'Sahara' director Eisner testifies on Cussler film

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Despite hearing whispers around Hollywood there were troubles making the film adaptation of "Sahara," Breck Eisner said Wednesday he decided to direct the movie because he thought it could lead to a lucrative franchise.

Eisner was the latest witness to testify in a trial involving dueling lawsuits over the 2005 film that starred Matthew McConaughey and Penelope Cruz. Over the past 2 1/2 months, jurors have seen a steady stream of screenwriters, executives and lawyers who have testified about the struggles to put "Sahara" on the big screen.

Eisner, a son of former Disney CEO Michael Eisner, said he knew there had been some complications making the movie but after consulting with his lawyer he was brought aboard in 2003.

"I knew I could nail this film," Eisner said. "I was going to take that chance."

Eisner admitted, however, he had no idea of the maelstrom he was about to enter.

The problems with "Sahara" are at the core of the trial that began in late January and is expected to last several more weeks.

Best-selling author Clive Cussler has sued Crusader Entertainment, a company owned by Denver billionaire Philip Anschutz, claiming it reneged on a contract that gave him creative control over "Sahara," which is based on his book with the same name.

Crusader filed a countersuit against Cussler, claiming he was disruptive during the film-making process and disparaged the movie before its release.

Each suit seeks millions of dollars.

Both sides are blaming each other for "Sahara's" dismal showing at the box office. The movie grossed only $68 million in the United States, and Crusader's attorneys estimate the company has lost more than $80 million on "Sahara."

"Sahara" was Eisner's first feature film after directing commercials and several TV series. He had consulted with film producers Howard and Karen Baldwin as early as 1998 about turning Cussler's books, featuring the fictional adventure-seeker Dirk Pitt, into movies.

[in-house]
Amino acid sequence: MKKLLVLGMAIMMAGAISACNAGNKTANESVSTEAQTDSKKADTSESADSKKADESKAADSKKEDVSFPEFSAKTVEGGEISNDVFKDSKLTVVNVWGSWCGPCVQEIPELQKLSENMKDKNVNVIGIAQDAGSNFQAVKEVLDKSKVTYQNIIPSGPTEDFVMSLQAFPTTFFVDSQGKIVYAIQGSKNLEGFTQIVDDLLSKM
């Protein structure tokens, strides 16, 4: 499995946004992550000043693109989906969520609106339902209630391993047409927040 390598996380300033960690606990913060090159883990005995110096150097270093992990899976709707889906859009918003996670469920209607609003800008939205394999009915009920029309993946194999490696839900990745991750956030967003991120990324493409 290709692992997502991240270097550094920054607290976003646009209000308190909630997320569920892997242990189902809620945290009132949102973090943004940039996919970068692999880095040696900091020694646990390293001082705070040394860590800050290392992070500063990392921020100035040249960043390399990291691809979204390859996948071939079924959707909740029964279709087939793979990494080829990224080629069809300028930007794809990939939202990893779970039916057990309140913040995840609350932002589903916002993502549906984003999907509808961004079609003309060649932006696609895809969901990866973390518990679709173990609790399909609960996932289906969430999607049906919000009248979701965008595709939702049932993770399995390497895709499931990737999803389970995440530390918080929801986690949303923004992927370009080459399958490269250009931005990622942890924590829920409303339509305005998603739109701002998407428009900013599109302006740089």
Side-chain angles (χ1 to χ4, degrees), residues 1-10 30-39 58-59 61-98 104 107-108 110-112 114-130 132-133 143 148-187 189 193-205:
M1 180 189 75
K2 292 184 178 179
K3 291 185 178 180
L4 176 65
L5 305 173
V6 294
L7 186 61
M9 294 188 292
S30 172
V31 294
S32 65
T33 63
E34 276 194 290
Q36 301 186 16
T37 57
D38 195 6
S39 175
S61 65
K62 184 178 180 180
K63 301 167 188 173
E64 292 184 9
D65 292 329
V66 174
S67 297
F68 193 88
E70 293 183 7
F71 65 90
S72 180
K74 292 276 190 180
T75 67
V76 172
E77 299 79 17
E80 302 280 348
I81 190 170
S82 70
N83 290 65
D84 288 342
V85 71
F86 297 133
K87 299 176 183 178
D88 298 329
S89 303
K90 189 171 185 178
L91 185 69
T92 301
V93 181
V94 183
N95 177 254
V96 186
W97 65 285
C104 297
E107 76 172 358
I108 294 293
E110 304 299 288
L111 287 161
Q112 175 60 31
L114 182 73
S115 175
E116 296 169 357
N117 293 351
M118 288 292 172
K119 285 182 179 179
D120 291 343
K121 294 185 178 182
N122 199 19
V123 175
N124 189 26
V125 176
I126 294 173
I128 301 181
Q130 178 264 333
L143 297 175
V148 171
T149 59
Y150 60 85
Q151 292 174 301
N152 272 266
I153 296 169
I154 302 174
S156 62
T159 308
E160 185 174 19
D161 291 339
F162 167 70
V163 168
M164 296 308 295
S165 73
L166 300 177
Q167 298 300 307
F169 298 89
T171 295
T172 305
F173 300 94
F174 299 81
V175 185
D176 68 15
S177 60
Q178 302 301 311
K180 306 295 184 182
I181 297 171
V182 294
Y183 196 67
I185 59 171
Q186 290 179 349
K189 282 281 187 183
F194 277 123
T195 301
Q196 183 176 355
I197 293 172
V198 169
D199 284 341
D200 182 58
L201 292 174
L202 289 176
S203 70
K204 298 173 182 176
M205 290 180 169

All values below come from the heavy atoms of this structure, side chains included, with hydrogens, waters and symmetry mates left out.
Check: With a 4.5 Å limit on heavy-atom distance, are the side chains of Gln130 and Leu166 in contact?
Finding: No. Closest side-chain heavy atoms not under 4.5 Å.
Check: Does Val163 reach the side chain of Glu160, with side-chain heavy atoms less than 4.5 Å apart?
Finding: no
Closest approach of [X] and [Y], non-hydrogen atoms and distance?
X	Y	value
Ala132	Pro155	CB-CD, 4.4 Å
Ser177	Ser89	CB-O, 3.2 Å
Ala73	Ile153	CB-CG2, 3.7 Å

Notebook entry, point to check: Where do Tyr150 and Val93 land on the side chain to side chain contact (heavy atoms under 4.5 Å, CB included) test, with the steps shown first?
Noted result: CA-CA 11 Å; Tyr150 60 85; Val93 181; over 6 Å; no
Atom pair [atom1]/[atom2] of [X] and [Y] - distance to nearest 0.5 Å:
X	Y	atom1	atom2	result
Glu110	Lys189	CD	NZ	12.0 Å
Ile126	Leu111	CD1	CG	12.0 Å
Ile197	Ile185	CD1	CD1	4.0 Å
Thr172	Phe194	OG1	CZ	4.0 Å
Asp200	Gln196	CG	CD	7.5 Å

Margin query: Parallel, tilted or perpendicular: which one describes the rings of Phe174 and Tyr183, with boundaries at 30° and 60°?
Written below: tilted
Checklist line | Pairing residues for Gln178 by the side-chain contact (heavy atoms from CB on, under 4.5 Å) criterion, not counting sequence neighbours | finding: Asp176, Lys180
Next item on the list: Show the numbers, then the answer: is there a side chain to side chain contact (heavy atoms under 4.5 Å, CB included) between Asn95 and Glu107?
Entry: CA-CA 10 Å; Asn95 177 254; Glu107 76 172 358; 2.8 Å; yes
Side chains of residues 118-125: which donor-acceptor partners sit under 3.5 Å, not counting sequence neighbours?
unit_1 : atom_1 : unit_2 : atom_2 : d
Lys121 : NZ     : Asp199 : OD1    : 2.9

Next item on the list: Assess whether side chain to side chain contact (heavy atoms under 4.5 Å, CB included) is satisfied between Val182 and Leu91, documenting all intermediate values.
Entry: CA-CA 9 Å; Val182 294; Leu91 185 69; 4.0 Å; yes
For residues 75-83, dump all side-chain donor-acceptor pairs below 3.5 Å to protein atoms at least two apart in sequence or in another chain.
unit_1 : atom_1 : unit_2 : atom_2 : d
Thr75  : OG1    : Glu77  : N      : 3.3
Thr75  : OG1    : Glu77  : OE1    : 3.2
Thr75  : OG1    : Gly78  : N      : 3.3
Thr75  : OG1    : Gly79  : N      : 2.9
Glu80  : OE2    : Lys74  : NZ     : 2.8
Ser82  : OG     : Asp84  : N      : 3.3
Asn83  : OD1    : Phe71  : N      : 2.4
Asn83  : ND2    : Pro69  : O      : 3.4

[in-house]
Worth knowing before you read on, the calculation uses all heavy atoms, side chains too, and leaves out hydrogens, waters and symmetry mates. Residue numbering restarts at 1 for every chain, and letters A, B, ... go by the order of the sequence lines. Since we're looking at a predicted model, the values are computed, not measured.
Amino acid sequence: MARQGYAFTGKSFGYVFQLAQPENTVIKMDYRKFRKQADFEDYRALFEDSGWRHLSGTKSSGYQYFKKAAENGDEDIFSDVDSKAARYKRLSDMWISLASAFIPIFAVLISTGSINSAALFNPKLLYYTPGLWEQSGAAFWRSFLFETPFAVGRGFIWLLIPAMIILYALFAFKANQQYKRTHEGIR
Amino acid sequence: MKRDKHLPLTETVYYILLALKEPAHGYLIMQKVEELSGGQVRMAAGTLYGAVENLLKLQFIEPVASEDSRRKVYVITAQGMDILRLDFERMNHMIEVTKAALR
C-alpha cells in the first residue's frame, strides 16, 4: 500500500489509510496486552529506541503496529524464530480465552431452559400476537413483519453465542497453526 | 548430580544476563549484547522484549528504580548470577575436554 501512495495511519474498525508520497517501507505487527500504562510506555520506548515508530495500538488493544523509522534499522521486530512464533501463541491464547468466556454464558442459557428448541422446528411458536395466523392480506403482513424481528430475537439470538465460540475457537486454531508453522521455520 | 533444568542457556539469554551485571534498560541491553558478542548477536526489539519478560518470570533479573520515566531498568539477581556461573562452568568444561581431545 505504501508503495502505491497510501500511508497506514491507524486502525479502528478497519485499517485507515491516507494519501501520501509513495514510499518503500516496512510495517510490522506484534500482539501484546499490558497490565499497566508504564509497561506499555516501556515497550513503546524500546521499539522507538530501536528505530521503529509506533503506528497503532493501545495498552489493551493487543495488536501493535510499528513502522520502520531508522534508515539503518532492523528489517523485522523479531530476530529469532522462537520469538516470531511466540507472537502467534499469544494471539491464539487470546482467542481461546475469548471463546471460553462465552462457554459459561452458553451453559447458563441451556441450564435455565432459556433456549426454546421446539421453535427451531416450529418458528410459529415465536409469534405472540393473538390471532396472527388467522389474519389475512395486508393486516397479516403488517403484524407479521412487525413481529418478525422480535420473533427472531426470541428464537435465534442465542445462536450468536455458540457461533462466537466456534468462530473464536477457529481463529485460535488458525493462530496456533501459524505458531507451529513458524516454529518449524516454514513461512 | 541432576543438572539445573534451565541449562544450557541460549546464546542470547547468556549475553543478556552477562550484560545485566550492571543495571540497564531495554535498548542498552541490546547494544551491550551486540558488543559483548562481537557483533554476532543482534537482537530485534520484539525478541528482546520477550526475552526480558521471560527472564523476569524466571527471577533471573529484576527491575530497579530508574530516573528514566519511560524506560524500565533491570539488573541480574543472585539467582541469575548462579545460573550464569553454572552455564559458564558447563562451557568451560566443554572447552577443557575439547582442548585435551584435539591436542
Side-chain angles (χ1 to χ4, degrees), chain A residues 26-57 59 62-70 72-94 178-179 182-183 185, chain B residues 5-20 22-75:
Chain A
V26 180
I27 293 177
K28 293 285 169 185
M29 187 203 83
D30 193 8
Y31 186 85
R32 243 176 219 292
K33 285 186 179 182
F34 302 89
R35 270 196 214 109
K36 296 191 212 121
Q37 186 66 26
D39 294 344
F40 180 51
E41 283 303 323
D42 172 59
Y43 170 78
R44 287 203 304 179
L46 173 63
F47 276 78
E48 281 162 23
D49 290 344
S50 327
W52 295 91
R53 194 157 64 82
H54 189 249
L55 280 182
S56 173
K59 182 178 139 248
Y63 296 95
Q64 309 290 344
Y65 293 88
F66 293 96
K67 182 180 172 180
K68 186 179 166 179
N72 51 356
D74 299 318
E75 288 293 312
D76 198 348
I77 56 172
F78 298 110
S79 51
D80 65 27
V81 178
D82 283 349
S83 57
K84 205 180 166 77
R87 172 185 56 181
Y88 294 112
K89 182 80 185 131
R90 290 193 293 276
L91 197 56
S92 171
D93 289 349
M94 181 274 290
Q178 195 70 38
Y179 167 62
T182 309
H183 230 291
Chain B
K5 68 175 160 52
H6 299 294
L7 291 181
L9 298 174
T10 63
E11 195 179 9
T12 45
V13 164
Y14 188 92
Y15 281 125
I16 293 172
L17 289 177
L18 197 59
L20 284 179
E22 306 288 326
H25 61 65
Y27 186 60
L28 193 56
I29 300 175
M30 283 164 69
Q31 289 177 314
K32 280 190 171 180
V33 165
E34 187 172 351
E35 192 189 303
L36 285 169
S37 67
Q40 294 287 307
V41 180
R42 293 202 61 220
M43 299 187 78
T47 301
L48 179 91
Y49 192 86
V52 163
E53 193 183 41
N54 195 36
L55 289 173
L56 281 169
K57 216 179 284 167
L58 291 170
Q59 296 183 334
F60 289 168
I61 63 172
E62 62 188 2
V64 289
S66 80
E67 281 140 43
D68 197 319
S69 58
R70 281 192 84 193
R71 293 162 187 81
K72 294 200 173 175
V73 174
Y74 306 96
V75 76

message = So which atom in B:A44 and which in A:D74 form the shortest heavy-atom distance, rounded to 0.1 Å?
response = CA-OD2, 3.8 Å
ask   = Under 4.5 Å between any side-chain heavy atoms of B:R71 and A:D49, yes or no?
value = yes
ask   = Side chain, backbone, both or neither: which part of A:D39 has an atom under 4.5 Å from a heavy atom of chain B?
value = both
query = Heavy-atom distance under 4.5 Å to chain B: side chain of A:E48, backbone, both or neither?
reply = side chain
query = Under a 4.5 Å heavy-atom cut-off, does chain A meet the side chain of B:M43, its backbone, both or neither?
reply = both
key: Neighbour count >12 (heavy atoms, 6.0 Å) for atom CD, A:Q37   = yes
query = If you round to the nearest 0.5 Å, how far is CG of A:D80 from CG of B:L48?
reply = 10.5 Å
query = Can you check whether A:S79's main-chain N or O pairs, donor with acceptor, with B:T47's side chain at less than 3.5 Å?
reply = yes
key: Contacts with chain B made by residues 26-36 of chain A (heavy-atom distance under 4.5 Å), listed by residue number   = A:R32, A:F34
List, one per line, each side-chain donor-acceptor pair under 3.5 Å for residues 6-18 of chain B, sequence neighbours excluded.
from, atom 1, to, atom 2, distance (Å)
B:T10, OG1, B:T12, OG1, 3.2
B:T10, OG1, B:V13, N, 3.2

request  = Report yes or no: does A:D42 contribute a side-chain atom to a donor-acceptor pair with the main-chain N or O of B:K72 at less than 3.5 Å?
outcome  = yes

Although he felt the story had to be pared down, Eisner believed "Sahara" would be the start to a film franchise much like the "Indiana Jones" series.

"I sensed there was excitement about the creation of a film franchise," Eisner recalled after meeting with Cussler at his Phoenix-area home.

Eisner eventually replaced Ron Bowman who unexpectedly resigned as "Sahara's" director. By the time Eisner arrived, the screenplay had gone through numerous revisions. Screenwriters were hired, fired and in one case, rehired.

Cussler has argued he had screenplay approval rights and while he accepted some of the revisions, there were others he didn't like.

Crusader's attorneys have maintained Cussler did not get final say on the script and his rights were replaced with a less authoritative consultation role when a director was hired.

Cussler, 75, has been called the "Grandmaster of Adventure." He has written 32 books, 19 of which feature Pitt.

Anschutz is one of the richest men in the United States. He co-owns the Los Angeles Kings hockey team and a company that operates Los Angeles' Staples Center.

In other developments, a judge on Wednesday dismissed a male juror for undisclosed reasons.

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